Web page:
Personnel: John Prine (vocals, guitar); Steve Goodman (vocals, guitar, acoustic guitar, electric guitar, gut-string guitar); Dave Prine (vocals, guitar, acoustic guitar, dobro, banjo, fiddle); Grady Martin (vocals, guitar, acoustic guitar, dobro); Raun MacKinnon (vocals, gut-string guitar); Cissy Houston, Deirdre Tuck Corley (vocals, background vocals); Steve Burgh (guitar, acoustic guitar, electric guitar); Johnny Christopher (guitar, acoustic guitar); Reggie Young (guitar, electric guitar); Leo LeBlanc (guitar, steel guitar); Judy Clay (steel guitar, background vocals); Doyle Grisham (steel guitar); Jerry Shook (harmonica); David Briggs (piano, organ, keyboards); Bobby Woods (piano); Kenny Ascher (electric piano, keyboards); Bobby Wood (keyboards); Mike Leech (upright bass); Kenny Malone (drums, tambourine); Steve Mosley (drums); Bill Slater, Ralph MacDonald, Hugh McDonald (percussion); Deidre Tuck (background vocals).
Recording information: A&R Studios, New York, NY; Atlantic Recording Studios, New York, NY; Quadrafonic Sound Studios, Nashville, TN; Regent Sound STudios, New York, NY; State University of New York, New Paltz, NY.
Photographer: Wendi Lombardi.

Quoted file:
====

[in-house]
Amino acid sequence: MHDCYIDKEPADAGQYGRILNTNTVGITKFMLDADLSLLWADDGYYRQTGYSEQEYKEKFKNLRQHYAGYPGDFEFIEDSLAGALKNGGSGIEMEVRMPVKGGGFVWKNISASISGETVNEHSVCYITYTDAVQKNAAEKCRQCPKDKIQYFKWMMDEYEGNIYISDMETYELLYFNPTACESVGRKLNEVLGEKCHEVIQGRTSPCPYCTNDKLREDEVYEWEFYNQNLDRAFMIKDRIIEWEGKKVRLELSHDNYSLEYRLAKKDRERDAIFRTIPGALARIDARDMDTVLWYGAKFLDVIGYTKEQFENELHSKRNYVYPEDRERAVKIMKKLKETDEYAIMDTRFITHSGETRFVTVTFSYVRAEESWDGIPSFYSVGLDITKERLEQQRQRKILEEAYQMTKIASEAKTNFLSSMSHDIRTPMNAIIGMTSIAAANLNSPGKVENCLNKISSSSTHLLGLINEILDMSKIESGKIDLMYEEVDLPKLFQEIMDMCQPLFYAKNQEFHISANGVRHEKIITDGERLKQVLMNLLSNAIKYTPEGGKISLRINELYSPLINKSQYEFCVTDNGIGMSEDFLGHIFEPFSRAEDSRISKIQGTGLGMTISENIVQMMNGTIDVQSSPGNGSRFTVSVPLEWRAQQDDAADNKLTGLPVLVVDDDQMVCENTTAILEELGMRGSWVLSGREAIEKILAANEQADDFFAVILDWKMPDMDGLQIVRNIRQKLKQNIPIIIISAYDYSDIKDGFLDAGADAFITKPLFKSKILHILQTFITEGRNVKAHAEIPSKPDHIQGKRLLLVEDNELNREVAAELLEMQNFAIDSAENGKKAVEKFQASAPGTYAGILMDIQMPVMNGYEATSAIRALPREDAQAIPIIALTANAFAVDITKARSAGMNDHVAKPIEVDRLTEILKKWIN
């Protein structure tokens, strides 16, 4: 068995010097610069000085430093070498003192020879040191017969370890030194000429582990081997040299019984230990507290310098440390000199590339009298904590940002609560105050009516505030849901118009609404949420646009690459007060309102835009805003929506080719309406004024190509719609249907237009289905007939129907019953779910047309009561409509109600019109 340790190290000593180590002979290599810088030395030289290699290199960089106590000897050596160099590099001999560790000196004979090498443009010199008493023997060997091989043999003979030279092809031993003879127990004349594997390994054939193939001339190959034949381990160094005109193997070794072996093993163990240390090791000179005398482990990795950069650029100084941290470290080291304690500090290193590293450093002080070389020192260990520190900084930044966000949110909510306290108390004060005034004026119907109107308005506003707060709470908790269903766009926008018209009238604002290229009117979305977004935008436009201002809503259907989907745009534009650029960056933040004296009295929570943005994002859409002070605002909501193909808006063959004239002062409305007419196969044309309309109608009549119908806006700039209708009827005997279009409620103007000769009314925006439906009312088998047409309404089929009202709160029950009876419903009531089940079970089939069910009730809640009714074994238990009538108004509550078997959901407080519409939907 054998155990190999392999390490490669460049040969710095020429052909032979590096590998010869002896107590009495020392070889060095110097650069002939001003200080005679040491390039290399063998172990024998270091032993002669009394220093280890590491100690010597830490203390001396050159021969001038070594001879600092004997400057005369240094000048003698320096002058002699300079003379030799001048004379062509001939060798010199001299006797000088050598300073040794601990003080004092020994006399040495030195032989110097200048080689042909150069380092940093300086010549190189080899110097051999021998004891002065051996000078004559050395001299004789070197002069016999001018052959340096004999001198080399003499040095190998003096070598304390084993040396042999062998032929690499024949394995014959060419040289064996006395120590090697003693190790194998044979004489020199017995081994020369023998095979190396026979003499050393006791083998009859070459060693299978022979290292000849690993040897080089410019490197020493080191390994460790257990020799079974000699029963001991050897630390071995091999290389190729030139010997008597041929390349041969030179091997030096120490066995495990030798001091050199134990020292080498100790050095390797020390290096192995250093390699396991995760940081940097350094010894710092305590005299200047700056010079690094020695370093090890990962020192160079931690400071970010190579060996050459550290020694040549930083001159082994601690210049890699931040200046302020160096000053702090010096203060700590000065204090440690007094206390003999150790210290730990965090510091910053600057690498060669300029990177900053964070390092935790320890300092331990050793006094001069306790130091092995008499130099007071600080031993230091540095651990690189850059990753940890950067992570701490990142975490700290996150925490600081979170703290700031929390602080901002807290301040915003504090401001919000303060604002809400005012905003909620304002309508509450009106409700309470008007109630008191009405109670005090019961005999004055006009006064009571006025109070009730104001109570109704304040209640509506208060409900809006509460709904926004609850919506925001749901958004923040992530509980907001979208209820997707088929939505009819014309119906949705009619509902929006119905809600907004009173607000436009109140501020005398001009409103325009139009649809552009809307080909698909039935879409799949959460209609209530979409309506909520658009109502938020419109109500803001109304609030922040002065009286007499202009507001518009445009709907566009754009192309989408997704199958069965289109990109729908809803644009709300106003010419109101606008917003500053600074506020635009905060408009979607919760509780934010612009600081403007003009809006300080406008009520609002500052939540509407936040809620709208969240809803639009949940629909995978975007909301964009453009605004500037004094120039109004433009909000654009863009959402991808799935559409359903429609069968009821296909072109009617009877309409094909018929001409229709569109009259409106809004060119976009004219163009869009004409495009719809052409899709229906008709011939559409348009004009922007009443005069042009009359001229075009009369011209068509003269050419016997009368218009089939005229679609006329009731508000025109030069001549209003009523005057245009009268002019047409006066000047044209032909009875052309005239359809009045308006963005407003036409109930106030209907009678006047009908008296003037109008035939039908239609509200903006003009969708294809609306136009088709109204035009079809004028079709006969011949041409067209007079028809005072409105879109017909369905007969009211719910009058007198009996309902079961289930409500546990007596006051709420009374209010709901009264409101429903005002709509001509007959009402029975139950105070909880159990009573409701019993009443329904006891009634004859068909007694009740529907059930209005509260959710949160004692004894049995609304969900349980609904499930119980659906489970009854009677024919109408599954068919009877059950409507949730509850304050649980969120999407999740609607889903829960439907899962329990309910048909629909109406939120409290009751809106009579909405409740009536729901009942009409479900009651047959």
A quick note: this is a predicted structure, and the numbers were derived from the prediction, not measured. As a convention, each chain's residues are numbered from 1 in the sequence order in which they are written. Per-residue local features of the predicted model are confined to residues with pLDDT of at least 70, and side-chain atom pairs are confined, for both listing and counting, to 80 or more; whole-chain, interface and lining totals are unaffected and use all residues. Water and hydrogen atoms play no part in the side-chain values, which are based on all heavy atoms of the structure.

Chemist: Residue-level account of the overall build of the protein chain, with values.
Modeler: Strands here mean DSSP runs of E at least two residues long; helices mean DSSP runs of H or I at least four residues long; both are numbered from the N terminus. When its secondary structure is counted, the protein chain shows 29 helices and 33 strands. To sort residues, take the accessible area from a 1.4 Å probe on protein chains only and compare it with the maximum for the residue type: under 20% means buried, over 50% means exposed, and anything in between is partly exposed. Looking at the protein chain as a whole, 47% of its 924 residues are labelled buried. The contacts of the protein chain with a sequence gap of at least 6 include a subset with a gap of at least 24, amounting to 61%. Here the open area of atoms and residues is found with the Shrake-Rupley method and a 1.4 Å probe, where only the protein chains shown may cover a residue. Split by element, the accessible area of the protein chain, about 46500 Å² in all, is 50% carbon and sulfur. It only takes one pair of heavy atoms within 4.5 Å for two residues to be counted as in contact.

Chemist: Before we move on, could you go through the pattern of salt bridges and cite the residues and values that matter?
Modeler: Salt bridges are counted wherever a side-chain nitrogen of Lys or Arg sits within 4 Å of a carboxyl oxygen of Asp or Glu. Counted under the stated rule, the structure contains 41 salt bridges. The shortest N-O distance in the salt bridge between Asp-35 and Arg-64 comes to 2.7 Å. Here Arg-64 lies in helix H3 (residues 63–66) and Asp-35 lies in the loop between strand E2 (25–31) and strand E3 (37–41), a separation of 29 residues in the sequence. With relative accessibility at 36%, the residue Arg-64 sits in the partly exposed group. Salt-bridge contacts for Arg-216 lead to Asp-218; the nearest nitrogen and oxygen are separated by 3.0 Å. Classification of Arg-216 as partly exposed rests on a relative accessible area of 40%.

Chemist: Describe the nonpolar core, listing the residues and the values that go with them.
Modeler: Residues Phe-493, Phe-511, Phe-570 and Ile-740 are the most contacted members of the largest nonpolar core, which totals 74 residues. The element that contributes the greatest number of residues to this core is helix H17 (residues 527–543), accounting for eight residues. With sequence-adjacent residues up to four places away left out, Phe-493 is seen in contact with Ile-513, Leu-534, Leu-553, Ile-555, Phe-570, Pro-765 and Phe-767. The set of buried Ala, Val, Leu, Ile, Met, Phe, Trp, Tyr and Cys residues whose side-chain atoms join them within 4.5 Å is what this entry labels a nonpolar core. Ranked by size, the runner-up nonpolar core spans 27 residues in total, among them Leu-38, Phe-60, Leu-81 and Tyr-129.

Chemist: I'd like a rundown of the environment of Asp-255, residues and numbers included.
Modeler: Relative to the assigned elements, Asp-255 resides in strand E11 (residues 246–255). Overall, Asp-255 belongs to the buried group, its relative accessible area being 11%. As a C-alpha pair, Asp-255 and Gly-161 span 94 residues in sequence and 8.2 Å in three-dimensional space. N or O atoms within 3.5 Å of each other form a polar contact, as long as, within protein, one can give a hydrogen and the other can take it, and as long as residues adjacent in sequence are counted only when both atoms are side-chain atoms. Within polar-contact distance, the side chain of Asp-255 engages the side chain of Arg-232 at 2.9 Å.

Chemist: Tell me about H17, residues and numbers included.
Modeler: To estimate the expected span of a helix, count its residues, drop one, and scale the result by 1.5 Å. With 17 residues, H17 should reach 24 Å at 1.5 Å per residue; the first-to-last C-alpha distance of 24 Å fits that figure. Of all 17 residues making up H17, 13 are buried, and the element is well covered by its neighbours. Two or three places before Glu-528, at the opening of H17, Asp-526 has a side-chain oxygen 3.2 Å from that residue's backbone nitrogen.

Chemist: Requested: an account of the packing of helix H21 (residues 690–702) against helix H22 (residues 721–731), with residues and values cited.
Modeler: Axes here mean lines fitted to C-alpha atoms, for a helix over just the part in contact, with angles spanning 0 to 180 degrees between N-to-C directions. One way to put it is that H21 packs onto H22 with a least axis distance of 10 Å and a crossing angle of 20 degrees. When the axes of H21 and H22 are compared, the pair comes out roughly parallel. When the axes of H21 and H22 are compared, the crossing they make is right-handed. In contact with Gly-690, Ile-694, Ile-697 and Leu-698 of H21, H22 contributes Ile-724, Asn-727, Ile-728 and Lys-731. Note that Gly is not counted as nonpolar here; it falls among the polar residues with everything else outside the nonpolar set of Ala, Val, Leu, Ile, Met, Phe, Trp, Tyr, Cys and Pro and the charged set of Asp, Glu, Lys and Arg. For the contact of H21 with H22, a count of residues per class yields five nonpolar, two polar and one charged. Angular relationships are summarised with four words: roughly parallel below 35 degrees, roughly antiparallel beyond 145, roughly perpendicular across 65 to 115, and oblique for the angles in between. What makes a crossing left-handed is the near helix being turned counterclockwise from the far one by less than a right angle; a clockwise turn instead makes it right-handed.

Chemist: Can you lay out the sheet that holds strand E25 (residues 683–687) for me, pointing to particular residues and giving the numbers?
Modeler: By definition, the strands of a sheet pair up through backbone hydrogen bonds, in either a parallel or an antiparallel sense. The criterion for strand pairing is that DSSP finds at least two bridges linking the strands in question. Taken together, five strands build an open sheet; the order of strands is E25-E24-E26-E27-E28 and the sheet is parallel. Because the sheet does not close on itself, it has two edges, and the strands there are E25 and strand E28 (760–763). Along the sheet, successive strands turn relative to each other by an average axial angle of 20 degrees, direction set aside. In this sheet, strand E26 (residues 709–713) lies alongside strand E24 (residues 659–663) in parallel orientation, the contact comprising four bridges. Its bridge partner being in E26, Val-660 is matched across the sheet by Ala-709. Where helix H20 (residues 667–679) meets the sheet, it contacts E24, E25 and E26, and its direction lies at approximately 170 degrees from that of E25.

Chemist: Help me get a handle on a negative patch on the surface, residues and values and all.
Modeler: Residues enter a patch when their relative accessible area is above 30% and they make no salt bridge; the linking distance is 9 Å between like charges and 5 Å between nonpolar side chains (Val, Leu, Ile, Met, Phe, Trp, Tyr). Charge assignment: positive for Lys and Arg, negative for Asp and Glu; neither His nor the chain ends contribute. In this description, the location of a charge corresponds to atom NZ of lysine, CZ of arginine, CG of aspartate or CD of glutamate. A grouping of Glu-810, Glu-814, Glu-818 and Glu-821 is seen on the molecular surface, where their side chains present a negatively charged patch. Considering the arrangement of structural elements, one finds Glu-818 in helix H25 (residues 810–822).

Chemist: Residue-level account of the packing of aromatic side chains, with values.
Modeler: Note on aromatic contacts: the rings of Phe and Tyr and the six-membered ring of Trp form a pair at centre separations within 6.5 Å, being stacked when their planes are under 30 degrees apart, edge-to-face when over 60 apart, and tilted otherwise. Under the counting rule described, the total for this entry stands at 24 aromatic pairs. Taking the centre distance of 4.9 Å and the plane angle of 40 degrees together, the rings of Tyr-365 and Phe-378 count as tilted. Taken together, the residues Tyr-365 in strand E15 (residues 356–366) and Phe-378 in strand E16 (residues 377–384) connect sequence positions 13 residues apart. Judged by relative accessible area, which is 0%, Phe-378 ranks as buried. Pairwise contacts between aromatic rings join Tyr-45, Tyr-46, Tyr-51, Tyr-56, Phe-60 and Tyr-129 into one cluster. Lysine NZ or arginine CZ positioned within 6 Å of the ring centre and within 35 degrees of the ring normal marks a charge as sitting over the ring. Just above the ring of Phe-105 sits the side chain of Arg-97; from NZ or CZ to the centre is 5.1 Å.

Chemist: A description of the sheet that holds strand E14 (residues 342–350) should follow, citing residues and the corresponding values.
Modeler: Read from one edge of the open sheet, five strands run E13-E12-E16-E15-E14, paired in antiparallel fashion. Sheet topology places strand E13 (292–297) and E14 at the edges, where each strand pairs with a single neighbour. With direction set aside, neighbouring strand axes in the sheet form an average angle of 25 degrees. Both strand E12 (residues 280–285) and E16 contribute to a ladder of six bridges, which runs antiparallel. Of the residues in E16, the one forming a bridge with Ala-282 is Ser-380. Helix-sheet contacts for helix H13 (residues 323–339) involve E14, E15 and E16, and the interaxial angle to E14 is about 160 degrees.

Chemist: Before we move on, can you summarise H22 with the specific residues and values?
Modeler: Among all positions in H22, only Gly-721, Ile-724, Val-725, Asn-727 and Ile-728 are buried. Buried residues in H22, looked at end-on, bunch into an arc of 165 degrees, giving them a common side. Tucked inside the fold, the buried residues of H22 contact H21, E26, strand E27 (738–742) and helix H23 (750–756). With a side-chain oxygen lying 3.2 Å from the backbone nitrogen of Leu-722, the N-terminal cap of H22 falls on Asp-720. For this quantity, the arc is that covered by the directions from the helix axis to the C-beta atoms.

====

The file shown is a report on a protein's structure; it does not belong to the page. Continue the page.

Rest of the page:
Folk singer John Prine's third release, SWEET REVENGE, found the singer with a newfound confidence and determination. After receiving both plaudits and barbs from the critics for his previous two albums, Prine responded with a decidedly more aggressive stance. To this day, SWEET REVENGE stands as his most defiant-sounding album. By toughening up his folk and country roots palette with rock's harder edges, Prine proves he can scrap with the best of the heartland rockers.
Like Springsteen and Mellencamp, Prine is an everyman songwriter, albeit one with a more economical sense of song structure and wordplay. Whereas Springsteen favors over-the-top epics by way of bombast, Prine zeroes in on the heart of the matter with a few simple masterstrokes. The rebellious title track plunges towards the fickle hearts of critics with a snap of the fingers. The driving "Often Is A Word I Seldom Use" punctuates his sardonic attack with pumping horns. Ironically, the album's green thumb, a live acoustic-only "Dear Abby," became the breakaway single.